Background: The MUC1 protein is a highly glycosylated mucin normally found at the apical surface of mucin-secreting epithelial cells in many types of tissues. MUC1 is expressed, but heavily underglycosylated, in different human tumors. TG4010 is a viral suspension of a recombinant vaccinia vector (MVA) containing DNA sequences coding for the human MUC1 antigen and interleukin-2 (IL-2). This product was developed for use as a vaccine in cancer patients whose tumors express the MUC1 antigen. The objective of the present study was to determine the safety of the product and to define the dose of TG4010 to be used in further clinical trials.
Materials and methods: Thirteen patients with different solid tumors were treated by repeated intramuscular injection with increasing doses of TG4010 in two separate phase I studies, one in Europe (Basel-CR) and one in the United States (UCLA-RF): a total of 6 patients were treated at a dose of 5 x 10(6) pfu, 3 patients at 5 x 10(7) pfu, and 4 patients at 10(8) pfu. Safety, efficacy, and different immunological tests were the endpoints of the study.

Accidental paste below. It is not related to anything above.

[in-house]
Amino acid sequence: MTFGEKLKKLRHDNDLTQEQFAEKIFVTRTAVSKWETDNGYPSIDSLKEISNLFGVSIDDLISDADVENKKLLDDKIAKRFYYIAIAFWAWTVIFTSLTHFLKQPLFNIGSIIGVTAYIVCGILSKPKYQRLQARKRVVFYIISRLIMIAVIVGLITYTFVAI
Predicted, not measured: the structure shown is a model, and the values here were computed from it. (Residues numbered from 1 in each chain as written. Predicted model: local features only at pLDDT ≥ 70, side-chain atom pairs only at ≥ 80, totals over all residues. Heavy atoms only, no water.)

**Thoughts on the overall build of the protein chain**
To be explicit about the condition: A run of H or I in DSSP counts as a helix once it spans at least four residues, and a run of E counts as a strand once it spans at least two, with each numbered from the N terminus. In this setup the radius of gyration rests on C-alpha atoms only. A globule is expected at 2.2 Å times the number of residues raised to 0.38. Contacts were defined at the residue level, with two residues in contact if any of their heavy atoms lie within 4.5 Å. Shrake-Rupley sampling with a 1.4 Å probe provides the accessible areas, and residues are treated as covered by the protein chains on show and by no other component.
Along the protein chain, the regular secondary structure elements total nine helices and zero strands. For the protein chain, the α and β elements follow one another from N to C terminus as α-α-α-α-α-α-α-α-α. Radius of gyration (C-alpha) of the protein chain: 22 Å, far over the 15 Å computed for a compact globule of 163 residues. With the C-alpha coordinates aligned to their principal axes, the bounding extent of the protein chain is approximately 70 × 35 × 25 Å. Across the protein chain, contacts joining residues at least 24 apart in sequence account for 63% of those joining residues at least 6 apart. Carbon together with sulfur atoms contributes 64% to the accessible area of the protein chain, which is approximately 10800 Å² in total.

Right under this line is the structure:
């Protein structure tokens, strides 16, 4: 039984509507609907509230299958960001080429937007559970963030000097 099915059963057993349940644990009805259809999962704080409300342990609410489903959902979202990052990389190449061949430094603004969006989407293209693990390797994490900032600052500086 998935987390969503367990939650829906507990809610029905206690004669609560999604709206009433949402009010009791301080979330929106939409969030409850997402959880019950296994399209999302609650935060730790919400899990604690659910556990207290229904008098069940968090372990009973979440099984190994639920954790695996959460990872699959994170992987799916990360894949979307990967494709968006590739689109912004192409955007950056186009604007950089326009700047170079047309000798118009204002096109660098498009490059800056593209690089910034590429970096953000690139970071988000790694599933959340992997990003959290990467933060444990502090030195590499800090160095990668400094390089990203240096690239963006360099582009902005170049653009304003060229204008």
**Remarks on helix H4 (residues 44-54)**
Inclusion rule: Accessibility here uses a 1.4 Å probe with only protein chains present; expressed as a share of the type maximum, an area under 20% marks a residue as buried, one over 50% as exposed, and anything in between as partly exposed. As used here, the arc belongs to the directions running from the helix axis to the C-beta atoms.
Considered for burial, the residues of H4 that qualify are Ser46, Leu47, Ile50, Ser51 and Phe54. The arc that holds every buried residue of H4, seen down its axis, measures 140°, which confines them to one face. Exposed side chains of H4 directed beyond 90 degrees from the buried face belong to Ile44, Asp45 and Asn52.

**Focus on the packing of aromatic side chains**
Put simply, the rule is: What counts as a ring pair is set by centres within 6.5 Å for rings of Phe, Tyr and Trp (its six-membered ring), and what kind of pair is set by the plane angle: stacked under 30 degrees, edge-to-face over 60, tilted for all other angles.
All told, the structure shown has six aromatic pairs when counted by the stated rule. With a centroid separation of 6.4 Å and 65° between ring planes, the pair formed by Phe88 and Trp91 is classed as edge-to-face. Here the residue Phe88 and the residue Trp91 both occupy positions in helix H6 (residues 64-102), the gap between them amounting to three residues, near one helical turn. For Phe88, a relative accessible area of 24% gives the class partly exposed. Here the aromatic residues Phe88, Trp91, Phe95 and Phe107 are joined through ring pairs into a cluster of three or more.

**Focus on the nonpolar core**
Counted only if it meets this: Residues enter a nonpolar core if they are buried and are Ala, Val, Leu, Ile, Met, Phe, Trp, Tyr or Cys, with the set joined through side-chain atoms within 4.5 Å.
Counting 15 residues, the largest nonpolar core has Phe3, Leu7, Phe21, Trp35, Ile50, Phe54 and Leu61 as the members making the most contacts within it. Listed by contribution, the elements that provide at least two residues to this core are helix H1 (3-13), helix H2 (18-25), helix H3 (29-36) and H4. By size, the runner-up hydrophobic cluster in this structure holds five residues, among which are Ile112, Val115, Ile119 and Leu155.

Results: Tolerance of TG4010 was excellent, and side effects mainly consisted of injection site pain and influenza-like symptoms. There was no apparent detrimental effect of repeated injections of the vaccinia virus. Four of thirteen evaluable patients showed stabilization of their disease for 6 to 9 months. One lung cancer patient who was initially progressing after the first injections later showed a marked decrease in the size of his metastases that lasted for 14 months. Some T cell proliferative immune responses were seen in five patients.
Conclusions: The administration of TG4010 was generally well tolerated in patients with metastatic tumors, and transient disease stabilization was observed in several patients, warranting further clinical studies with the product.
Copyright 2003 John Wiley & Sons, Ltd.